I wrote this article back in 2007, when I was writing a regular editorial column for The Leader Newspapers in New Jersey.
I stumbled upon it recently and was so amused by the concept that I thought I’d share it with all of you. It remains unchanged from its original publishing. Jennifer and I each got a good laugh out of it again – I hope you all do as well.
My good friend Jennifer has an unhealthy obsession. No, it’s not with food or cigarettes or even alcohol. It’s with pocketbooks. Yes, you heard me correctly – pocketbooks; over 20 different varieties to be exact. As most men will attest to, it’s hard to understand the complicated world of women’s handbags. After all, I have but one wallet which seems to match with everything I own and typically lasts for decades even when it grows worn out and dated.
I’ve never been one for fashion, as was evident by the “shiny shirts” I used to wear in college, but as I’ve been told, you simply can’t have one pocketbook and expect it to match with everything. I always thought that black accomplished that feat. Silly me.
According to the book Carried Away: All About Bags (Farid Chenoune), the first real incarnation of this amazingly popular accessory came around the late 18th century. But since a purse, handbag, pocketbook, whatever you call it, is essentially a pouch, they’ve been used for as long as humans have been walking around the earth. And though pocketbooks have typically been relegated to the female race, men have been known to carry something smaller, an alternative to a backpack – our society humorously calling such items “manbags” or “murses”.
Recently, Jennifer, my wife and I were out having dinner and I couldn’t help but notice the size of her bag. At first I thought maybe she was leaving home for a few days as this massive piece of luggage made its home on a nearby chair. Imagine a pocketbook that required its own resting place.
As we were just about to leave, I watched on in amazement as she sifted through her luggage, I mean pocketbook, for what seemed like ten minutes searching for her car keys. After she shook it up and down and dug through its contents for a few minutes, I finally had to ask her “Jennifer, what’s in the bag?” She quickly replied “Just hair spray and a few hard candies.” I guess the complete contents would have taken much too long to list without the assistance of an Excel spreadsheet and a pie chart, so her response was understandable.
I suppose a bag that size might have some usefulness though. My late grandmother, god rest her soul, always found it helpful for taking home those extra dinner rolls and jellies from the diner. And if my wife wasn’t around the other night, I probably would have asked Jennifer to shove the leftover Italian bread in her purse.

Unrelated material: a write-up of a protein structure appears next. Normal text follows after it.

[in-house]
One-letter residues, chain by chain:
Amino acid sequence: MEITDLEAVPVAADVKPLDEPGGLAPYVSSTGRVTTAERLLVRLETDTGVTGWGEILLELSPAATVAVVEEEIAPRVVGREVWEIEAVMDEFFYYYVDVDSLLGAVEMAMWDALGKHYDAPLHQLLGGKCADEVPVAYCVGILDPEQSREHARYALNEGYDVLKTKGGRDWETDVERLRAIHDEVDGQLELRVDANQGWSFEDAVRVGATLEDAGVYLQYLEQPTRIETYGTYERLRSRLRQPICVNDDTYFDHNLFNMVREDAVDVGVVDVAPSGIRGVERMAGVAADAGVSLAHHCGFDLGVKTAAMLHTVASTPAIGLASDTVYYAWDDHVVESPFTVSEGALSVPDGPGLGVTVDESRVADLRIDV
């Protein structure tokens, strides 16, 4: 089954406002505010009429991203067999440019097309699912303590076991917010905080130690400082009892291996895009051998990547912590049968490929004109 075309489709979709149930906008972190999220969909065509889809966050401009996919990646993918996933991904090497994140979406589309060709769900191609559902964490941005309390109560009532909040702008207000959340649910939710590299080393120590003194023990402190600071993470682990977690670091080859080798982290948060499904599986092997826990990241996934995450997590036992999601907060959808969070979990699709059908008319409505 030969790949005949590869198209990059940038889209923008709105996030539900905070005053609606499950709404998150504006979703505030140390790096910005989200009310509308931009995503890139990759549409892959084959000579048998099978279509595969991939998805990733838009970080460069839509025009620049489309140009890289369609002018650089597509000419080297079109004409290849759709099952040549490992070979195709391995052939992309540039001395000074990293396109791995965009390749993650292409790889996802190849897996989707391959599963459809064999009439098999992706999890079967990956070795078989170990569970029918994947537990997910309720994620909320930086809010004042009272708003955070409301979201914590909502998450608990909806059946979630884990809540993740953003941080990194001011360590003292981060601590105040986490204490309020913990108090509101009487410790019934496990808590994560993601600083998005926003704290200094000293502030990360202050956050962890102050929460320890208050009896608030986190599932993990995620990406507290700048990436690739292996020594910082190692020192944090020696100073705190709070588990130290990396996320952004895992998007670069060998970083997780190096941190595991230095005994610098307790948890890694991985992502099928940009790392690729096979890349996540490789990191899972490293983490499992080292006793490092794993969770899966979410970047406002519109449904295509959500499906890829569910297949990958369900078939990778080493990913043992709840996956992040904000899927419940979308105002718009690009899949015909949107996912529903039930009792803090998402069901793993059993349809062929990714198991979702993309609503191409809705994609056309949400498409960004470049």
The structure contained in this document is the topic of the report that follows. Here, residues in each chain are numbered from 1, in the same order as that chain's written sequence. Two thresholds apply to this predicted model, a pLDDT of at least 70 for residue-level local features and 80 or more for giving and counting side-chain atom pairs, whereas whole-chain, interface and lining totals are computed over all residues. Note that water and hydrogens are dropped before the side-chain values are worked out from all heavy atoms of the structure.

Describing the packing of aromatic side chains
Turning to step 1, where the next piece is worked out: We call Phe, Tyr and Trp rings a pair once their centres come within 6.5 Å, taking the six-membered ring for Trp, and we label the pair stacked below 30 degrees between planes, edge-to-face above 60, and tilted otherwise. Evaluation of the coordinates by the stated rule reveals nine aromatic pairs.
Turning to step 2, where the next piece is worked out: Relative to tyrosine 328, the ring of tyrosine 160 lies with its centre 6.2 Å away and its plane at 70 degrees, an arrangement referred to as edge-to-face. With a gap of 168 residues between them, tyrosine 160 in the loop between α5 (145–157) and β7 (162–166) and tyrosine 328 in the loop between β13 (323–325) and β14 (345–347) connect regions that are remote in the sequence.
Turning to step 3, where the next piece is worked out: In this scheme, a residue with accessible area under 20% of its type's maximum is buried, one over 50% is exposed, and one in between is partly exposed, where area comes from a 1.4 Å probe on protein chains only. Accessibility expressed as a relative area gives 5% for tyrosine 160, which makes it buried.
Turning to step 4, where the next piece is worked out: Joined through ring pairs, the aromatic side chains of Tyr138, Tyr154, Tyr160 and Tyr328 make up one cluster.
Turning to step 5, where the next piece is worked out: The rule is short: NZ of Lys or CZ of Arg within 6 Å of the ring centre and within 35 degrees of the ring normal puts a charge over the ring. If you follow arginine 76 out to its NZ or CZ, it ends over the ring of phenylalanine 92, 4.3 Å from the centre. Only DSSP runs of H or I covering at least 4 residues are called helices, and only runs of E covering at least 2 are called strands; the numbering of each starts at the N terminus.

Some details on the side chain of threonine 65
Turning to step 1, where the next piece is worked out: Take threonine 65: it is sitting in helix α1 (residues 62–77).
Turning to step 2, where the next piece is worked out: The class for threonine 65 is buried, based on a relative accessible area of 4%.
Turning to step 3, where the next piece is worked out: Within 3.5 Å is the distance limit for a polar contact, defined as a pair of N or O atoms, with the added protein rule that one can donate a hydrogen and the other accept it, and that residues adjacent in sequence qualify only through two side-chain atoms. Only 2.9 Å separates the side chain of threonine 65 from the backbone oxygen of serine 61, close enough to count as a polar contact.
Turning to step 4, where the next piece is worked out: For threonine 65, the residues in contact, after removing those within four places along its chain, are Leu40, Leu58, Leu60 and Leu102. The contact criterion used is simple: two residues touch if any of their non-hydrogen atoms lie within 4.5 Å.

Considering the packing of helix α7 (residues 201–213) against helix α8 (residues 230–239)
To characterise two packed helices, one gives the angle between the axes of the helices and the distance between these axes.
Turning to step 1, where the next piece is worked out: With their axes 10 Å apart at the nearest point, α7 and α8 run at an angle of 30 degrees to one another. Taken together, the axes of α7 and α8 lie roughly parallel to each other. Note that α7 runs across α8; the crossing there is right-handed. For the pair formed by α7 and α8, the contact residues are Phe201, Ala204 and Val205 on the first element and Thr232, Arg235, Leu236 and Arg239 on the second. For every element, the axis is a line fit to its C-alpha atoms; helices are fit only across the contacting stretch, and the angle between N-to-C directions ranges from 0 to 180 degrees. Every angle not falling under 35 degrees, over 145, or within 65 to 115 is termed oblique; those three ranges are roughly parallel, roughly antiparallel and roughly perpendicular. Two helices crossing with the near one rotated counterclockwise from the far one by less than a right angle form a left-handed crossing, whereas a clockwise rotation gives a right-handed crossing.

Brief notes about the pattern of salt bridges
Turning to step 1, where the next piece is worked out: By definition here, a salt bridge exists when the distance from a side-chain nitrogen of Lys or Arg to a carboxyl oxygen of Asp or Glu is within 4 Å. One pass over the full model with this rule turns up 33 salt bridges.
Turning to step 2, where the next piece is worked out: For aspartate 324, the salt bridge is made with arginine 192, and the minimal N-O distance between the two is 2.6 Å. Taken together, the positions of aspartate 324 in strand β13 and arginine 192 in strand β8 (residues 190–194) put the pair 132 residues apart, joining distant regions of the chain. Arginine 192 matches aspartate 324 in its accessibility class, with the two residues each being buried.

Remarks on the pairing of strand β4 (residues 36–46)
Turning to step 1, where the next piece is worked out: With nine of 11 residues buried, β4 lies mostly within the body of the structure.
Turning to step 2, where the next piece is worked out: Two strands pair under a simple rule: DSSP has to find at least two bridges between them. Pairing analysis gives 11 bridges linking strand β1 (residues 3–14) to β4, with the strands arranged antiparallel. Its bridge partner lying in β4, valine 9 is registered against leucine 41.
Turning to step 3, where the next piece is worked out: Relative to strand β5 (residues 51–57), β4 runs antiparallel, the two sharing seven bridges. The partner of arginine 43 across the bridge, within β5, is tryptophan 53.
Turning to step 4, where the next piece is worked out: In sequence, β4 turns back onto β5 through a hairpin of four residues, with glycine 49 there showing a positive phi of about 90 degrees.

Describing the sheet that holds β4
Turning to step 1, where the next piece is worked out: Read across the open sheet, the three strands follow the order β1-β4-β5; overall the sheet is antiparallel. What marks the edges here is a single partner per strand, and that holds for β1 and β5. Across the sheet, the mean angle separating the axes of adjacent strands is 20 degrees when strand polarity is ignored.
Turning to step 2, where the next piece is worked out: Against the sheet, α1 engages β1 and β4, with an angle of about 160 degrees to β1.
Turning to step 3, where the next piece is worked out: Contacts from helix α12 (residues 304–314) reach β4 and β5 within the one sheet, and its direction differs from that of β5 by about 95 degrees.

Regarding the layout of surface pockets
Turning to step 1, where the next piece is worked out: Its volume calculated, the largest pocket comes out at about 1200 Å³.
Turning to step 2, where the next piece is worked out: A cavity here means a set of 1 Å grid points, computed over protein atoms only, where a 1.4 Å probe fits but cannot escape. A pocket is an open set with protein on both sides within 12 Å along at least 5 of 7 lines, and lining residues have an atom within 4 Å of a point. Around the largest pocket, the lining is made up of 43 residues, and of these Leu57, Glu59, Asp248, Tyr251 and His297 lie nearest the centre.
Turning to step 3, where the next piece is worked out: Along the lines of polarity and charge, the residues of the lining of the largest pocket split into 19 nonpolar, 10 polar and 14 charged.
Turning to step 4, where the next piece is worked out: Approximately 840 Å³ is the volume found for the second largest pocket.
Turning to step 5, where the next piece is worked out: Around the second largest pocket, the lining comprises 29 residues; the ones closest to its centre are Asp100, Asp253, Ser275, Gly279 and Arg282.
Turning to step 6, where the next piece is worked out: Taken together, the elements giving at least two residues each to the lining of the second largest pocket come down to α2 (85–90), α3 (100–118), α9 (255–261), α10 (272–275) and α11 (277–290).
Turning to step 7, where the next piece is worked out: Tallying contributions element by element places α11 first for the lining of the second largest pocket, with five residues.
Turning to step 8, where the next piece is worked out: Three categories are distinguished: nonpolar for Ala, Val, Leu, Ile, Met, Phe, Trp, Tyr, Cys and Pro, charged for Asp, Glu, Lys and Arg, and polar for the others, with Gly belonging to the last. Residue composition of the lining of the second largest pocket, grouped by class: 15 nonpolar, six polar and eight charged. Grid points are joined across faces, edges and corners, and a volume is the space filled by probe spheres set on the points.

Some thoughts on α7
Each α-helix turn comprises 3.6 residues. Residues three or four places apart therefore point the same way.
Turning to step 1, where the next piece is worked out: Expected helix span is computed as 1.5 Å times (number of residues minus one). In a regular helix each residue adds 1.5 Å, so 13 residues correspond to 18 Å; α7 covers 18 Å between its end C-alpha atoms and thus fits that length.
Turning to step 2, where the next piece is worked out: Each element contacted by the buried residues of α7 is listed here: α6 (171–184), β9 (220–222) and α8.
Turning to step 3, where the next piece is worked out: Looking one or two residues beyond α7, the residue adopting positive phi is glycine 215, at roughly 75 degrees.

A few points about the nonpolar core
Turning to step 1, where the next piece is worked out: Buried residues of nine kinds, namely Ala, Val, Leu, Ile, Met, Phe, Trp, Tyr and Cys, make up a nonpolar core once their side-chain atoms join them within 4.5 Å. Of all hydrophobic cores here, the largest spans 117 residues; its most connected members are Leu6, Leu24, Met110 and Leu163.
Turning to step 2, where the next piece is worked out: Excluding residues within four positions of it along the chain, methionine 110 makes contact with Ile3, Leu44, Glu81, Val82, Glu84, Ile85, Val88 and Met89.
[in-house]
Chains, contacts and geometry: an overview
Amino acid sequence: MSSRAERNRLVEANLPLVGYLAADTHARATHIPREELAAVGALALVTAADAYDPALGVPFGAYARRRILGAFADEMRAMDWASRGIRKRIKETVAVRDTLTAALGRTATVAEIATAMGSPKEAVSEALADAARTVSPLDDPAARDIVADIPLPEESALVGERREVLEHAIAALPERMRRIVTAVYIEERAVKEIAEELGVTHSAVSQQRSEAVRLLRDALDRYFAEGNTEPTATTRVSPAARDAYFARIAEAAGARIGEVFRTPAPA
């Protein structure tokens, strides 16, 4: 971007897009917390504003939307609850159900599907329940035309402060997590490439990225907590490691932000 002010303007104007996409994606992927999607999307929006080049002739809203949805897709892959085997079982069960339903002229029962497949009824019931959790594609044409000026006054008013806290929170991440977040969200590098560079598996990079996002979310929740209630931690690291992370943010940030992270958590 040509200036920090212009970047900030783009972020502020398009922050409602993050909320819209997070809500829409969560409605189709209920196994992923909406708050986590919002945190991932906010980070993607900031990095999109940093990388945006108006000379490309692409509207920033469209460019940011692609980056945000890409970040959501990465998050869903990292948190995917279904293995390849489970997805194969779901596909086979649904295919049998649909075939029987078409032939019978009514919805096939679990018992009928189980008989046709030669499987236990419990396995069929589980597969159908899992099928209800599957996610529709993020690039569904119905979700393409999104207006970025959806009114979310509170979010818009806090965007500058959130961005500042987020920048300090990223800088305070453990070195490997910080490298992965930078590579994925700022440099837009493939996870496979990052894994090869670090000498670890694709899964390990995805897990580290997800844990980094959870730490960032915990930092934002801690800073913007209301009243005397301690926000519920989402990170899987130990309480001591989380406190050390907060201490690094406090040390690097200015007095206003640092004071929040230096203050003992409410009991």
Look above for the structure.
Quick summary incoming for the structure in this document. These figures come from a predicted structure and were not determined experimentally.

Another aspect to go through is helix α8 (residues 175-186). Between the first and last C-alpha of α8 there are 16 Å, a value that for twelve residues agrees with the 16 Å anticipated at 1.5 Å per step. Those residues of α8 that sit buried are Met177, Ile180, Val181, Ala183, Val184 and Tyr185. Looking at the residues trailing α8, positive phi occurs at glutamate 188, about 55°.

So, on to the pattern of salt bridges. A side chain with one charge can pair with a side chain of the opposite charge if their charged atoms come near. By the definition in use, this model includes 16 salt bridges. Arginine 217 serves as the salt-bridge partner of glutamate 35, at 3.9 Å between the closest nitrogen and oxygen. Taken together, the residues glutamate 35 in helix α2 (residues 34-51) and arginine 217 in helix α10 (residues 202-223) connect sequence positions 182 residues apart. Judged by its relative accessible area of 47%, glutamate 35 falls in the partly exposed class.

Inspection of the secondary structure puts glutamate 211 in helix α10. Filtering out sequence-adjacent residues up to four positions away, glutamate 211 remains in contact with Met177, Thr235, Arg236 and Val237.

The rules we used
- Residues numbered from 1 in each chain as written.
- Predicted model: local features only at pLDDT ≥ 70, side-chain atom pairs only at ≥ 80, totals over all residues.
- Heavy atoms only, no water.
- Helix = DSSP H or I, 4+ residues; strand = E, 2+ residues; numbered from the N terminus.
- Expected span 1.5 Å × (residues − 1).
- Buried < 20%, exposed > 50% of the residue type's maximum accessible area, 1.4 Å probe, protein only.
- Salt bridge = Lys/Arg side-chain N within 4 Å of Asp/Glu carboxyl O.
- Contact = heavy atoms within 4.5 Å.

The other day, while shopping with my wife at a discount clothing store, I experienced one of the greatest sticker shocks of my life. While she was in the dressing room trying on a few things, I sat on a nearby bench (no doubt placed there for husbands patiently waiting) which just so happened to be facing a shelf filled with pocketbooks. Dozens of them in fact.
Unimpressed by their appearance, I glanced at the tag expecting to find the price $19.99. Boy am I naïve! The cost of this flamboyant, and in my opinion, ugly pocketbook was $225.00! The sad part? That was a discounted price! The original cost was well over $400. I don’t pay that much money per month for my car loan and yet there obviously must be people in the world who are willing to carry that kind of money around on their shoulders.
Years ago, I wrote a similar article about the store Bloomingdales and how my wife and I were given a gift certificate for $50. I was amazed to find that a simple, unadorned, button down white shirt was $125. With the way I typically drip tomato sauce or salad dressing on my clothes, you’d find me in tears if I knew I paid $125 for something and then needed to throw it away.
I guess my point is this. Now knowing some of “what’s in the bag”, does it really matter if it costs you $10, $50 or $100 if they all serve the same purpose? But as I said, I’ve never been one for fashion and spending my hard earned money on materials whose sole purpose is to impress others doesn’t really make much sense to me. I’d rather save that money to go on a nice vacation or renovate my kitchen or, dare I say, make a donation to a worthy cause more deserving of the money than my shoulder is.
Thankfully, Jennifer isn’t one of those shallow, materialistic people. She’s just crazy for pocketbooks – no matter what their cost. It’s a hell of an obsession just to carry around some hair spray and a few hard candies.